Many companies view marketing simply as a checklist of items they believe to be essential: Website…check. White Paper…check. LinkedIn and Twitter Accounts…check / check. Client Newsletter…check. Trade Show…check. Blog…check. Publicity…check.
But marketing strategy is not akin to packing for a trip. “Shoes” may be on your checklist of items to put into your suitcase, but depending on your destination and itinerary, you may need dress oxfords, high heels, running shoes, slippers, golf shoes, sandals or hiking boots. Or perhaps you only need the shoes on your feet.
Marketers often throw far too many shoes into their suitcase, either because they see competitors wearing them, or they wish to avoid explaining why their company lacks the trendiest footwear.
Unfortunately, it’s this collection of shoes with no real reason to be in the company’s suitcase that causes the greatest problem for the marketing function, in terms of justification of related costs and contribution to enterprise goals.
To wean our B2B clients off their shoe fetish, we apply a “Marketing Diagnostic” planning tool, consisting of 10 simple questions. Here are the first two questions it asks:
1. Does your firm have a written marketing plan?
Although it’s the most essential marketing task, most firms do not have a written plan. A marketing plan need not be lengthy, take months to prepare, or require the services of McKinsey & Co. Effective plans can be developed in a few whiteboard sessions, and be contained in a 2 – 3 page document that address these key questions:
- What is our value proposition and competitive advantage?
- What is our target market and who are the decision-makers?
- What specific business goals / benchmarks are we seeking to accomplish?
- What tactics will we use to engage with and nurture our target audience(s)?
- What budgets, timeframes and responsibilities will we assign to those tactics?
- How and how often will we measure results and make course corrections?
The two most important aspects of a marketing plan are, first, that it ensures organizational consensus regarding the firm’s strategic purpose, where it wants to go, and how it intends to get there. Secondly, it provides accountability for results. In many cases, it’s that fear of accountability that discourages firms from creating a marketing plan.
2. Do all of your marketing tactics have measurable goals linked to business outcomes?
This diagnostic question involves the most difficult aspect of marketing: demonstrating tangible outcomes that justify the time and expense invested in marketing tactics. The classic complaints against marketing sound like this: “We’ve attended the XYZ conference for 3 years, and it hasn’t generated any new clients.” Or “We were mentioned in the Wall Street Journal and Forbes, and no one has contacted us based on that exposure.”
However, when you examine those marketing results-related complaints more closely, you’re likely to discover that (in the case of conferences) the firm failed to build an integrated strategy to communicate properly both in advance of and following the event, and did not leverage the conference-related content to reach a broader audience. And in the case of publicity, the firm likely generated the wrong type of media exposure (regardless of where it appeared), or simply hung the coverage on their website like a hunting trophy, instead of using it proactively to engage with their target audiences.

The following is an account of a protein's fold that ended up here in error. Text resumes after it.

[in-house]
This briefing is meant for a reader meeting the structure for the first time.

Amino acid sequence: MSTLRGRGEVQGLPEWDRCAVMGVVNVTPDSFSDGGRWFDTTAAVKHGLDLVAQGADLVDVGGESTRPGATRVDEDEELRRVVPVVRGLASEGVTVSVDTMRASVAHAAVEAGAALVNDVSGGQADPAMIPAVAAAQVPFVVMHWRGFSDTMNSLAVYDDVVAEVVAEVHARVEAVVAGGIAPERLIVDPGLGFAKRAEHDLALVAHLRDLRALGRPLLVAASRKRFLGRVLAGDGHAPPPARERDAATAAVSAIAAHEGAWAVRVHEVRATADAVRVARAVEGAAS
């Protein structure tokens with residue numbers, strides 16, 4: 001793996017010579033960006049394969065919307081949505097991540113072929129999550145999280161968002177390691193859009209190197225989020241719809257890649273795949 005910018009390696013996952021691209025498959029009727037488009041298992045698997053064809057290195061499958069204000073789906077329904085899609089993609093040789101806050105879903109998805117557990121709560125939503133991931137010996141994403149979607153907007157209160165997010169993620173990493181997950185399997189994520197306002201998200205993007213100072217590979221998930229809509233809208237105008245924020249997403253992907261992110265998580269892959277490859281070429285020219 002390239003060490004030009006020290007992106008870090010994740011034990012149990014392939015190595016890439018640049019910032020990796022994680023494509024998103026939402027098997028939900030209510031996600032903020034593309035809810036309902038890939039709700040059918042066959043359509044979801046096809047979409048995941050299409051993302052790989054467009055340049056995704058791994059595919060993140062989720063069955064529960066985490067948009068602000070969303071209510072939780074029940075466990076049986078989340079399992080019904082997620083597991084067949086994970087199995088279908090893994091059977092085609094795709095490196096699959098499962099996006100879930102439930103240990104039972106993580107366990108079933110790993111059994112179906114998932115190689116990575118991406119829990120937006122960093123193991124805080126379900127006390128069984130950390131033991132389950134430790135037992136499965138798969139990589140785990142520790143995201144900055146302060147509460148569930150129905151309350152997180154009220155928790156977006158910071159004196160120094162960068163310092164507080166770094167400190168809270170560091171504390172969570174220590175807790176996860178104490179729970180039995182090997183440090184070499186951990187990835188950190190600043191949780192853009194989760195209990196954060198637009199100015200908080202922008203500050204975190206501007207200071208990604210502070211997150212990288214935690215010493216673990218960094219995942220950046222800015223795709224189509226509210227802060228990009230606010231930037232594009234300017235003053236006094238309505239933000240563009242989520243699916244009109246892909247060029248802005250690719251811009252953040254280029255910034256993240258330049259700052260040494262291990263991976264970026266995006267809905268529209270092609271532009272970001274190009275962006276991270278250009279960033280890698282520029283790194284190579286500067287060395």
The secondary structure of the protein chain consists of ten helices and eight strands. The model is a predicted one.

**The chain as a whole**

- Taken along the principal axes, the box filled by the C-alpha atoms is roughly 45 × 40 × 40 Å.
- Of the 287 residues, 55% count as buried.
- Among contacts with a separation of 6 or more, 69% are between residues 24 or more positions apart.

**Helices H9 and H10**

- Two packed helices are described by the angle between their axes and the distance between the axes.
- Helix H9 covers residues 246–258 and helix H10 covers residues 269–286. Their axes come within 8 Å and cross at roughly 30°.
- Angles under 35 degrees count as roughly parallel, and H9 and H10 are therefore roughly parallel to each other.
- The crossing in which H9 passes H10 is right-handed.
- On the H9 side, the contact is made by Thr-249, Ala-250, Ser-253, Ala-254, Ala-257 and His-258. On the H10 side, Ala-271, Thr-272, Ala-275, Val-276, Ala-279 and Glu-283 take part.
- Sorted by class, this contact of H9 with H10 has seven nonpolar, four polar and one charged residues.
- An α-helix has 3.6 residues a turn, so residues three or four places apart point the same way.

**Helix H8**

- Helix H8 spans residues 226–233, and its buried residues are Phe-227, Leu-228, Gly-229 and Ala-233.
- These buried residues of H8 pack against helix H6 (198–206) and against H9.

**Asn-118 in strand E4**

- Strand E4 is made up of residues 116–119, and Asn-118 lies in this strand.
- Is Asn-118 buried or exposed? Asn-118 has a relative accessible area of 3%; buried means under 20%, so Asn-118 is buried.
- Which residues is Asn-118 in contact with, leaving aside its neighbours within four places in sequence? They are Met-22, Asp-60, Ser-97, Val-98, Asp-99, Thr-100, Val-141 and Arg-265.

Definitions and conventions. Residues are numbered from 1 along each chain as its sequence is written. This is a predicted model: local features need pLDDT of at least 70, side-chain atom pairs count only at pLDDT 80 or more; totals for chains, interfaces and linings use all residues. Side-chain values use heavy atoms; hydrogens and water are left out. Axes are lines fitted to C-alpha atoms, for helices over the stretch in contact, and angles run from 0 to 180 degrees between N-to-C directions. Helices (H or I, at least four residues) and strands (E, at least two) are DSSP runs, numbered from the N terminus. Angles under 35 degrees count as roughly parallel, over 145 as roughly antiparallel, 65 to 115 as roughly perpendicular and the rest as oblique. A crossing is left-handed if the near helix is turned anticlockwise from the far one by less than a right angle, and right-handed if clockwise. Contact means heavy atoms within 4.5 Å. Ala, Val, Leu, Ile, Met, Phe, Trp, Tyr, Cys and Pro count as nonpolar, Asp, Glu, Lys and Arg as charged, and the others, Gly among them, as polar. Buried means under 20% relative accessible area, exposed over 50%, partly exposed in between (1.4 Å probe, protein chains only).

This second diagnostic question, regarding the practical benefit of marketing activity, is actually an integral part of the marketing plan development process. Every tactic that’s included in your marketing plan requires its own response to “How will we measure results?” Some tactics can be measured in terms of direct business outcomes, such as lead generation. But tactics that are unlikely to generate direct results, such as media exposure, will require a plan that combines related tactics. For example, to benefit from your published bylined article in a trade publication, your strategy might include sending a reprint of that piece (along with a non self-serving cover note) to targeted audiences, as a means to generate the awareness and conversations that precede transactions.
Both Do-It-Yourself marketers and professional marketers alike rationalize their activity on a tactical basis (number of white paper downloads, website traffic, “Likes” and “Re-Tweets,” etc.), and fail to either design or connect the marketing dots in a manner that’s likely to drive meaningful business results. This disconnect is the #1 reason why marketing is held in such low regard, compared with other professional disciplines.
If you’d like a complete copy of our 10 question “Marketing Diagnostic” planning tool for B2B firms, just shoot me an email through LinkedIn, or to gordon at andrewselikoff dot com. It includes a self-scoring system, allowing you to know exactly how you stack up, marketing-wise.
One response to “Checklist Marketing: Too Many Shoes in Your Suitcase?”
While I generally think there is a direct correlation between the number of shoes in one’s closet and general well being, I quite agree that many companies go stuffing their suitcases unnecessarily with random acts of marketing. Nice post.